This burrito recipe takes classic Korean barbecue flavors and combines them with other pairings from the cuisine like kimchi and cilantro. Mixed with rice, fresh herbs, and a big dollop of sriracha mayo, this burrito is what Korean cuisine dreams are made of.
The author does note that her Korean barbecue recipe does not actually contain grilled meat, because she found that slow cooking the meat offered a better flavor. However, if you want to retain a more authentic flavor, skewer the beef and cook it on a grill after coating it with the sauce.
And for all the parents and meal-preppers out there, these freeze beautifully for up to three months!
Get the Recipe: Pinch of Yum
Do you ever get in that mood where you want to eat a bucket of sugar with no regard to how your body will handle it? This burrito is for that mood. This Instagram-worthy creation is simple to make and can be customized with pretty much anything you want.
All you have to do is flatten out cotton candy to form a tortilla shape and fill it with whatever sweets you want.
This recipe keeps it simple and calls for ice cream and sprinkles, but the sky’s the limit when it comes to fillings. You can use ice cream, frosting, jelly beans, cereal, or whatever else meets that day’s cravings.
Avoid using anything too liquidy as it can melt the cotton candy and seep through your burrito. (Ice cream concoctions will need to be eaten immediately for this reason.) Store-bought cotton candy tends to work the best because it comes in tightly packed lumps that make a thicker wrap.
These burritos are the perfect addition to a birthday party, baby shower, or other celebration that lends well to sugary treats and bright colors.
Get the Recipe: Life Begins with Dessert
If you’ve never had Vietnamese pho before, take a break right now to order some. Pho is a soup made with rice noodles and the richest most complex broth you’ve ever tasted in your life. It’s usually served with meat, Thai basil, bean sprouts, and jalapeños, among other toppings.
Once you’ve tried pho and decided it’s incredible and you want those flavors in everything you eat, go ahead and make this burrito.
The trick here is cooking the meat in pho broth to infuse the quintessential flavor into a dry dish. Once the meat has been properly seasoned, it’s stuffed into a tortilla with cooked rice noodles, bean sprouts, Thai basil, cilantro, and chili-garlic sauce.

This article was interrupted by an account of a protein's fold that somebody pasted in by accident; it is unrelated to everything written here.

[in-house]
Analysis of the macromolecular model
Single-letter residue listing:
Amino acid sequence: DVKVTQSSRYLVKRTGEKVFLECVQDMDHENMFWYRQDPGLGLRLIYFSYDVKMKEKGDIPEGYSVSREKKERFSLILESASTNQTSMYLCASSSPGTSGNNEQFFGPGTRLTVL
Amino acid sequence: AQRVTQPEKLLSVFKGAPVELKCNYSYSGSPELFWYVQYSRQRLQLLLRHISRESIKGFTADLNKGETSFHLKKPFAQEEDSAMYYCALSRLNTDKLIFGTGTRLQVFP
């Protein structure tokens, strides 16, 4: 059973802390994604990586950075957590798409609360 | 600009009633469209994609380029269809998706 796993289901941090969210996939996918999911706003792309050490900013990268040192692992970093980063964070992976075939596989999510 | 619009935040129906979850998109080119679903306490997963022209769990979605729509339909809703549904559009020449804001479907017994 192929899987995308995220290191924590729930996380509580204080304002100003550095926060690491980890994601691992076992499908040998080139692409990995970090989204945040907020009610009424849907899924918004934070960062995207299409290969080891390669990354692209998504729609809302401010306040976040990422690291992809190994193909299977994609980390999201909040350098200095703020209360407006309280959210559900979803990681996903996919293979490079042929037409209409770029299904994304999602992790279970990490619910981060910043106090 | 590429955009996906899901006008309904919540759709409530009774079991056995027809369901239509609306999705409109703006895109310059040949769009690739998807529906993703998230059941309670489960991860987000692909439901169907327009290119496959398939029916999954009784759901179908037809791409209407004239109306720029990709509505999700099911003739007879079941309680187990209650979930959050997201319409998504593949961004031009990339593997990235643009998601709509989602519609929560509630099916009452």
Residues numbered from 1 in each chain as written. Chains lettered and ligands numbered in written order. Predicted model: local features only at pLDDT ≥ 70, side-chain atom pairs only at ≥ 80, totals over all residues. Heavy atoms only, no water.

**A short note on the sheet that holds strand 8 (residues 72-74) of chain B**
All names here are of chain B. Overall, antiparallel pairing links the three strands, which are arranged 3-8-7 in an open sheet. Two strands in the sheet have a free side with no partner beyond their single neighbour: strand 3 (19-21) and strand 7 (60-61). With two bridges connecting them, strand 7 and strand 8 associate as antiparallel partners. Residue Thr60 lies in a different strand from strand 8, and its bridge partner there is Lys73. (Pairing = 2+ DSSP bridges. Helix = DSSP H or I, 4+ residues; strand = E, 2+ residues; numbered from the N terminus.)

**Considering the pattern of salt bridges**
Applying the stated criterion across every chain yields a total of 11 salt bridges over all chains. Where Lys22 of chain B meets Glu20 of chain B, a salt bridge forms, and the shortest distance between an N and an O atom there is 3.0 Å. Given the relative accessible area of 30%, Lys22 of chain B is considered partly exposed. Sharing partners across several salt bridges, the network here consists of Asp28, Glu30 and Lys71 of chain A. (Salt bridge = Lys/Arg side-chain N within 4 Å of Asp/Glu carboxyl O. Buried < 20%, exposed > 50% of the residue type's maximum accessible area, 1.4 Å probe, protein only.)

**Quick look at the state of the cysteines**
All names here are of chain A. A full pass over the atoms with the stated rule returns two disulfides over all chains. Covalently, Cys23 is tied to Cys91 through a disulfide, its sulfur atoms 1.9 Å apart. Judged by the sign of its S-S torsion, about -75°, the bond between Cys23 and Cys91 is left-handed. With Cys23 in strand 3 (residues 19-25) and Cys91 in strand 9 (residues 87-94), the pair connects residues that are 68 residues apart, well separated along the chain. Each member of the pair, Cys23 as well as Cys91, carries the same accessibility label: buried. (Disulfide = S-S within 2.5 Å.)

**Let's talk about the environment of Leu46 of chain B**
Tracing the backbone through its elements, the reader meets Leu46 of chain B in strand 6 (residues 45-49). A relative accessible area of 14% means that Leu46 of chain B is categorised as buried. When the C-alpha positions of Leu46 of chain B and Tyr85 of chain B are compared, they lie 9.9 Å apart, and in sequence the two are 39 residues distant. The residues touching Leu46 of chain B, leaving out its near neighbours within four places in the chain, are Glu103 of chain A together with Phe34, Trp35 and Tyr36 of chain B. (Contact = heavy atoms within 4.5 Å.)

Keep in mind that fresh jalapeños are pretty spicy, so go easy on them if you don’t want to burn your tongue. You can find most of these ingredients in your regular grocery store. Thai basil is a little trickier to locate, but a visit to an Asian grocery store should do the trick.
Get the Recipe: AllRecipes
What’s the difference between a burrito and a wrap? No one really knows, but this may be a rectangle-square argument. Burritos, usually made with a large number of Mexican ingredients, can qualify as a wrap. Wraps, on the other hand, tend to be smaller and wouldn’t necessarily qualify as a burrito.
That being said, we’re adding these Greek chicken burritos/wraps to this list because whether they’re truly a burrito or not, they are delicious. Stuffed with traditional Greek flavors like pickled onions, tzatziki sauce, and feta cheese, these are easy to pull together and perfect for a weeknight meal.
Many components like the chicken and tzatziki sauce can be made ahead of time for easier prep.
Get the Recipe: Mel’s Kitchen Cafe
This list wouldn’t be complete without an All-American, truly southern spin on the burrito. This recipe delivers with mac and cheese stuffed in a burrito and topped with a killer barbecue sauce. What’s better than that?
While this post creates a vegan version, you are well within your rights to use real cheese if you’d like. Heck, add bacon and deep fry the whole thing if you want, there are no rules when we’re working with macaroni and barbecue sauce.
Which brings us back to the true beauty of burritos—they’re the ultimate customizable dish. You can generally add or omit whatever you want, regardless of the recipe.
Get the Recipe: spabettie